Walmart employee Kenneth White, left, is coached by Shabazz Bonner while using an inventory app during a class at the Walmart Academy at the store in North Bergen, N.J. The retail industry is being radically reshaped by technology and nobody feels that disruption more starkly than the 16 million Americans working as shelf stockers, salespeople and cashiersFuture of Work-Changing Retail, North Bergen, USA - 08 Nov 2017

Walmart Stores Inc. is again increasing its starting wage in the U.S., with chief executive officer Doug McMillon attributing the move to a major cut in corporate taxes from the Trump administration.

President Trump signed tax legislation at the end of December, offering an array of tax reductions including cutting the corporate tax rate to 21 from 35 percent. That’s the lowest level since about 1940.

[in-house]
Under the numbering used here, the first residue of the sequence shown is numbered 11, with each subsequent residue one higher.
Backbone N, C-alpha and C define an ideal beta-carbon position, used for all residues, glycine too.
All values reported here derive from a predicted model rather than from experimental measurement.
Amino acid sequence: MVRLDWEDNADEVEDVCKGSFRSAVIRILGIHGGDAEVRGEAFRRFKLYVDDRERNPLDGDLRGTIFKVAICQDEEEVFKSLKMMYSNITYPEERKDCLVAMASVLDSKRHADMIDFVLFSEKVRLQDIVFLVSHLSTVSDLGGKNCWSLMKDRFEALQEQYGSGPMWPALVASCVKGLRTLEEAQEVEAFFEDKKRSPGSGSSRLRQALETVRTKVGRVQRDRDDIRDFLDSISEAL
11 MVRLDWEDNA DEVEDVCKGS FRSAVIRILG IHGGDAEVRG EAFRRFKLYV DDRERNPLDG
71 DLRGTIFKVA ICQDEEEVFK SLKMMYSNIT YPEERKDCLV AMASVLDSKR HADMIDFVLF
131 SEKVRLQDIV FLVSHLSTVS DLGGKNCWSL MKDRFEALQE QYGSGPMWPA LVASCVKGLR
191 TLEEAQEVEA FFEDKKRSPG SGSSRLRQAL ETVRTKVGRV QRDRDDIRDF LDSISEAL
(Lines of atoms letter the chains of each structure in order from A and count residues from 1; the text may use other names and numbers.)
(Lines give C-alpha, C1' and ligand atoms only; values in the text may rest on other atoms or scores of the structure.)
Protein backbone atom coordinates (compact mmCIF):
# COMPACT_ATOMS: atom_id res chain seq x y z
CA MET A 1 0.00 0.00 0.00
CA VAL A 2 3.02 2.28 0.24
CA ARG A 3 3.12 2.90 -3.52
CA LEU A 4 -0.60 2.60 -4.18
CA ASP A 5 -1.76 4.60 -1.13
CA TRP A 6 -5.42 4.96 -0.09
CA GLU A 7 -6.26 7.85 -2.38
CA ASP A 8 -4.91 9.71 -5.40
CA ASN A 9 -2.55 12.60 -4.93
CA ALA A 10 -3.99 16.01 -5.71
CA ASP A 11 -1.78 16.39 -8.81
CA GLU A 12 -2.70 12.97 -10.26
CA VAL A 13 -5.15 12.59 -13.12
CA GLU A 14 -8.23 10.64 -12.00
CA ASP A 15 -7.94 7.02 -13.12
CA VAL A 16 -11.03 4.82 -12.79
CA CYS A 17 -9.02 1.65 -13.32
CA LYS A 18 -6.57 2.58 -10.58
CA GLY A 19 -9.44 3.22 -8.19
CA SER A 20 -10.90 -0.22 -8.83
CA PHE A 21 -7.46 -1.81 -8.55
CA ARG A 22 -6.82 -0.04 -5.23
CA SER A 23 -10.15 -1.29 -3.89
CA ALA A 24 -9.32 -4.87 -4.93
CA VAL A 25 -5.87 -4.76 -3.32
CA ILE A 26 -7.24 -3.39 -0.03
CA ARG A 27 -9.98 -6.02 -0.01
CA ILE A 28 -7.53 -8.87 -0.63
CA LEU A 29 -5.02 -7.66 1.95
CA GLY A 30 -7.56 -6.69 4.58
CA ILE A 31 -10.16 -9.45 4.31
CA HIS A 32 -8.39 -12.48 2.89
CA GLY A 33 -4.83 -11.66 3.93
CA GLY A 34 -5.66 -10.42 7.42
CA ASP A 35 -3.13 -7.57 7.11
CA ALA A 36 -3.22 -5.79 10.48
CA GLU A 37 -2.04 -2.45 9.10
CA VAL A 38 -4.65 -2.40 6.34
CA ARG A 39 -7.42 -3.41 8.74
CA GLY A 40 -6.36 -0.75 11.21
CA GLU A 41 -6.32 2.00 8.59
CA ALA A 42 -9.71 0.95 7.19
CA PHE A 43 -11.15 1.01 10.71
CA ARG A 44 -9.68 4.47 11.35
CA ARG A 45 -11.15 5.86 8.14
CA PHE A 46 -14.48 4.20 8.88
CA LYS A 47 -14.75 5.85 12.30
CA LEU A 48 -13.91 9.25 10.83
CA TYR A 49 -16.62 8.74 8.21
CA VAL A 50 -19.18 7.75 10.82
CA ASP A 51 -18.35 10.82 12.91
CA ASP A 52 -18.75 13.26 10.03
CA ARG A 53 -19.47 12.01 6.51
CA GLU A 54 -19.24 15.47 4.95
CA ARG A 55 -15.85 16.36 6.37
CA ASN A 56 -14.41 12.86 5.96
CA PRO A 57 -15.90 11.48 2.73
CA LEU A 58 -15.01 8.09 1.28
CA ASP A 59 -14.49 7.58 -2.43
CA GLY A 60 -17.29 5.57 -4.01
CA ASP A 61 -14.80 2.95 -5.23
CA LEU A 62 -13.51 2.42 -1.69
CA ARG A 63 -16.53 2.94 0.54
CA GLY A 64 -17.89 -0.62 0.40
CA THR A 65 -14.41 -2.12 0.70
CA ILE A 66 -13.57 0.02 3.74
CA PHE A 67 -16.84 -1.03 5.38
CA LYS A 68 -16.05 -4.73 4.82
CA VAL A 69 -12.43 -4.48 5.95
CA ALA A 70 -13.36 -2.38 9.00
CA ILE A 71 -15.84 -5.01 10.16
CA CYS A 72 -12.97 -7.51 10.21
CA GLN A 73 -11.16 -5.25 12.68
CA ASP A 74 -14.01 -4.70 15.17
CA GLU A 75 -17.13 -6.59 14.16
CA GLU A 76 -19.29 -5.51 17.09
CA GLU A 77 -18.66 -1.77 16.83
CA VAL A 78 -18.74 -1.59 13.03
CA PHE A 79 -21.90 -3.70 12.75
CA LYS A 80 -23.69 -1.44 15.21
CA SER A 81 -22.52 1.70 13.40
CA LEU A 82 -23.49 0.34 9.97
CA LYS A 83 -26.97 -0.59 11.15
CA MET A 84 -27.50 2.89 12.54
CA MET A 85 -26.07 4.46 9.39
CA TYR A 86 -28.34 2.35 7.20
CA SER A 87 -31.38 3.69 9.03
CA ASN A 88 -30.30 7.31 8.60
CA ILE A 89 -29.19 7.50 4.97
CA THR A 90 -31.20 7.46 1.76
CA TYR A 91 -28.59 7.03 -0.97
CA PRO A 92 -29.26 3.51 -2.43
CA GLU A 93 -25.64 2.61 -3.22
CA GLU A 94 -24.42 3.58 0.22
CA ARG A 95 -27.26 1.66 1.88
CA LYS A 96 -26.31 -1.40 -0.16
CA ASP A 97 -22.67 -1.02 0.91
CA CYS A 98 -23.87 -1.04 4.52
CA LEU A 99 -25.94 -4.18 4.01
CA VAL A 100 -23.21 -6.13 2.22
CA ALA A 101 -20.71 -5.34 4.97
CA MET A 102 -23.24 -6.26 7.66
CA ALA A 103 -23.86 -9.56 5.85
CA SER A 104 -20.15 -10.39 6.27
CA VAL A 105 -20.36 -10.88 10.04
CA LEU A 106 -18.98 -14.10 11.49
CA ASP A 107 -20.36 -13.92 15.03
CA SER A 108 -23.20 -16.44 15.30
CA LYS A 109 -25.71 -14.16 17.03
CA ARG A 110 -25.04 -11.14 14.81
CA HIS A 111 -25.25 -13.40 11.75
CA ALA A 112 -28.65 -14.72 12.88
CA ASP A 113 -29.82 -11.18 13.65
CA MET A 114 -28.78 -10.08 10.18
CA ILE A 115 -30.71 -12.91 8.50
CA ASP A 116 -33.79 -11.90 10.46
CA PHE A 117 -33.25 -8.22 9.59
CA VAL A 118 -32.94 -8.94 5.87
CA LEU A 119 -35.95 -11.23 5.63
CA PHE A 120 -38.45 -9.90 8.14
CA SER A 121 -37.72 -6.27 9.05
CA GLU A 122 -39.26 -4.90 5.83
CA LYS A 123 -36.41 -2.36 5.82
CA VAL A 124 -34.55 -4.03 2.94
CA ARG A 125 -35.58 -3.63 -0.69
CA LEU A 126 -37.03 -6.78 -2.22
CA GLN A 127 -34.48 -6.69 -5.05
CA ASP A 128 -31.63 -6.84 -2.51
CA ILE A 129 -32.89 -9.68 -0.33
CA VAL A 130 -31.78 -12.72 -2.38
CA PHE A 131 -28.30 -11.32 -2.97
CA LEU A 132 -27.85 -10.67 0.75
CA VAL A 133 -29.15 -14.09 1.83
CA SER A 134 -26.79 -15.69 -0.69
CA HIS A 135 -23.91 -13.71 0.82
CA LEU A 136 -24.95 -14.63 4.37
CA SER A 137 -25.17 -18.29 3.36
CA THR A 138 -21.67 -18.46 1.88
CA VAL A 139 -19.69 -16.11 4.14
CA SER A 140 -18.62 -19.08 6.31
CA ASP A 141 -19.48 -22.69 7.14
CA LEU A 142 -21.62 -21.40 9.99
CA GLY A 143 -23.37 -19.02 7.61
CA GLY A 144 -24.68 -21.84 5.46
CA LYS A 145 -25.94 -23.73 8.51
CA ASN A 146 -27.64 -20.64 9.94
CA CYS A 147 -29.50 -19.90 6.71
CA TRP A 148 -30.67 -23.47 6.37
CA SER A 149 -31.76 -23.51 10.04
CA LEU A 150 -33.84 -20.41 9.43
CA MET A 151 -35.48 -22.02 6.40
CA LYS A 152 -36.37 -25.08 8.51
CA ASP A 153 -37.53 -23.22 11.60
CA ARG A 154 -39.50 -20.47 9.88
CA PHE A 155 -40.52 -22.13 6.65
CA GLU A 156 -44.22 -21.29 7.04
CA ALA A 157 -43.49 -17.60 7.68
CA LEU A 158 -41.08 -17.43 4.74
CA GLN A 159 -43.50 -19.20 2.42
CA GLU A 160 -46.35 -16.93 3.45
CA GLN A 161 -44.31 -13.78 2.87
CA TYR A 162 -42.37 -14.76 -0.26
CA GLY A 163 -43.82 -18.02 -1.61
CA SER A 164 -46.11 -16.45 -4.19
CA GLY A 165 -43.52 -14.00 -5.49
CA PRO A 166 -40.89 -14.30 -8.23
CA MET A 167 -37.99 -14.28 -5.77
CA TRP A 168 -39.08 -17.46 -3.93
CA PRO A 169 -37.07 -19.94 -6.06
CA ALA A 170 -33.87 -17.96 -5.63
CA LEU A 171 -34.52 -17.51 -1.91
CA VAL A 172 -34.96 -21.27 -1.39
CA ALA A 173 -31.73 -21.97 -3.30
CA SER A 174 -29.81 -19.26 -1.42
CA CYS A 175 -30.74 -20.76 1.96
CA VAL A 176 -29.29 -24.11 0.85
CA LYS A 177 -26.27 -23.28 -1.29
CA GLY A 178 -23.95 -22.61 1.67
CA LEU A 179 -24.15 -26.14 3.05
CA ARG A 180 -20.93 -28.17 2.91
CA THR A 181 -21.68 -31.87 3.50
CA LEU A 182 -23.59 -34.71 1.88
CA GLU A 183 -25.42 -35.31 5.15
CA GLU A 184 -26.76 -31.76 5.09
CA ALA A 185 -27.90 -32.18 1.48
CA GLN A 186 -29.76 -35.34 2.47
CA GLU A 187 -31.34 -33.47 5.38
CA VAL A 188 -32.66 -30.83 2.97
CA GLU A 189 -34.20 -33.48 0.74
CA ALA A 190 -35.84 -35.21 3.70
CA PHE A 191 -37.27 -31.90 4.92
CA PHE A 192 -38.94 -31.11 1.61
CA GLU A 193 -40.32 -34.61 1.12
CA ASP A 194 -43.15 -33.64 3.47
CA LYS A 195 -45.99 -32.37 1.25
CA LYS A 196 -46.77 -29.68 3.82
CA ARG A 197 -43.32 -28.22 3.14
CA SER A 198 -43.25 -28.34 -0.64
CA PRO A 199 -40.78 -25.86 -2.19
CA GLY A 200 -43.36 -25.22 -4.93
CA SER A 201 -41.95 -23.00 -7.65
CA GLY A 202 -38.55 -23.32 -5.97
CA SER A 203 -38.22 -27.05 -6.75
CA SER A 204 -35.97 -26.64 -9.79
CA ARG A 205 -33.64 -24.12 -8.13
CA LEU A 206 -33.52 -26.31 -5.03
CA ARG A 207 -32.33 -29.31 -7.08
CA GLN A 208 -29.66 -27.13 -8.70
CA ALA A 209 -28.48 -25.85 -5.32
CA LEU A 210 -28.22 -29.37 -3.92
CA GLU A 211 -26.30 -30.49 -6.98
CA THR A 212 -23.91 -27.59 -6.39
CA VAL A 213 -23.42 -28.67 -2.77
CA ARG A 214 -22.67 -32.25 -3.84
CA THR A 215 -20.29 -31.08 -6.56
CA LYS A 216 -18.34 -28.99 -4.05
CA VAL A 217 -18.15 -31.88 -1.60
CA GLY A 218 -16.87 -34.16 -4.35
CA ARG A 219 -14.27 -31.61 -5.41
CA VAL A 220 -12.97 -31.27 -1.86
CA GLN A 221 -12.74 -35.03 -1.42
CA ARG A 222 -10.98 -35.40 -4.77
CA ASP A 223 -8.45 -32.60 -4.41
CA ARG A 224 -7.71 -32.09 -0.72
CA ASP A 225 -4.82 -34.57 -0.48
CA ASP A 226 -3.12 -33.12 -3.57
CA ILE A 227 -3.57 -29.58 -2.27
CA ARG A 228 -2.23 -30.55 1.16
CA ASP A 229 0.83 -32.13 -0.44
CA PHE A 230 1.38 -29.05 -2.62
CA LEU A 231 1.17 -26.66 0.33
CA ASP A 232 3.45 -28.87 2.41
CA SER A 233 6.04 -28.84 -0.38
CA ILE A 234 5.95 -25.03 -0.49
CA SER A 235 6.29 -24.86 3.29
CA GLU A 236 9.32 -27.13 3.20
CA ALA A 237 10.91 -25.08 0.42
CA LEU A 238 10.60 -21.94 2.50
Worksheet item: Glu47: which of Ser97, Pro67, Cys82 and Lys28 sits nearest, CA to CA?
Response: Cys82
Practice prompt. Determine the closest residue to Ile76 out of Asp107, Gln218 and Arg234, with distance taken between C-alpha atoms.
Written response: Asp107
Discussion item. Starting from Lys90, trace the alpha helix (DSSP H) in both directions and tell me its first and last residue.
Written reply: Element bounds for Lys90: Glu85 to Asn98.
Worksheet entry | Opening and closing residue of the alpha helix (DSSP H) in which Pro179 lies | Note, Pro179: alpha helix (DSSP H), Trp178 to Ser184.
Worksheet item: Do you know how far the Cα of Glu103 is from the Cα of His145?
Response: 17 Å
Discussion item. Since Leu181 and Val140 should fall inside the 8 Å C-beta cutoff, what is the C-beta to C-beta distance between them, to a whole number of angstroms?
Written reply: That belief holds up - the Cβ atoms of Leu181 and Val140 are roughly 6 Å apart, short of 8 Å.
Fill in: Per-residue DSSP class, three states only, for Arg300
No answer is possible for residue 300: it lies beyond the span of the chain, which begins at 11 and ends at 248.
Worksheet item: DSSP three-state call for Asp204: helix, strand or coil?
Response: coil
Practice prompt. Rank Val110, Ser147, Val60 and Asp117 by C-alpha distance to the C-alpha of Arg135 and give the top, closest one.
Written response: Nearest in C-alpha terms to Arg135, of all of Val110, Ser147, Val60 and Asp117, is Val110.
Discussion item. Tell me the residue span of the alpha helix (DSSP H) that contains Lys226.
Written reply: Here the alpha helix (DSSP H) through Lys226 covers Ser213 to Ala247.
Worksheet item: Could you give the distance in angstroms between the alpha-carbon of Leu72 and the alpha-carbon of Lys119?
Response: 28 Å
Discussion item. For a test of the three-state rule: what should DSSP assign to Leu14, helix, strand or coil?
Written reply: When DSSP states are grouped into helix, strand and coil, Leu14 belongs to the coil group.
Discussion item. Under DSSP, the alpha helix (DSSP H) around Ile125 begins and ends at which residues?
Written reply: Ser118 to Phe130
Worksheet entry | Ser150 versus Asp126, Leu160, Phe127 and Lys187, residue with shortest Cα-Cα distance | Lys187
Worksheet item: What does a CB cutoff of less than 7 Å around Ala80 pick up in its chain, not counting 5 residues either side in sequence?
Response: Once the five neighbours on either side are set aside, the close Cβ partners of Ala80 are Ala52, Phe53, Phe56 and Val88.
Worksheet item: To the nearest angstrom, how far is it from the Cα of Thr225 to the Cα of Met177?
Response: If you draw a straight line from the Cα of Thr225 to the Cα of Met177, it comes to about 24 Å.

According to the Committee for a Responsible Budget, a nonpartisan group, the tax proposal is set to add $1.51 trillion to the $666 billion federal deficit, with about $1 trillion stemming from business tax cuts.

McMillon, who will appear at the National Retail Federation’s Big Show this weekend, did not specify how much Walmart expected to save on taxes this year, but said the bill allowed the company to “accelerate a few pieces of our investment plan” and that the wage increase will take effect in mid-February.

On the same day, however, the company abruptly closed 63 Sam’s Club locations. That division on Twitter said the closures came after a “thorough review of our existing portfolio.” The number of employees affected was not detailed and a representative could not be reached for comment. While most of the stores will be closed permanently, 10 will be converted to distribution centers for its growing e-commerce business.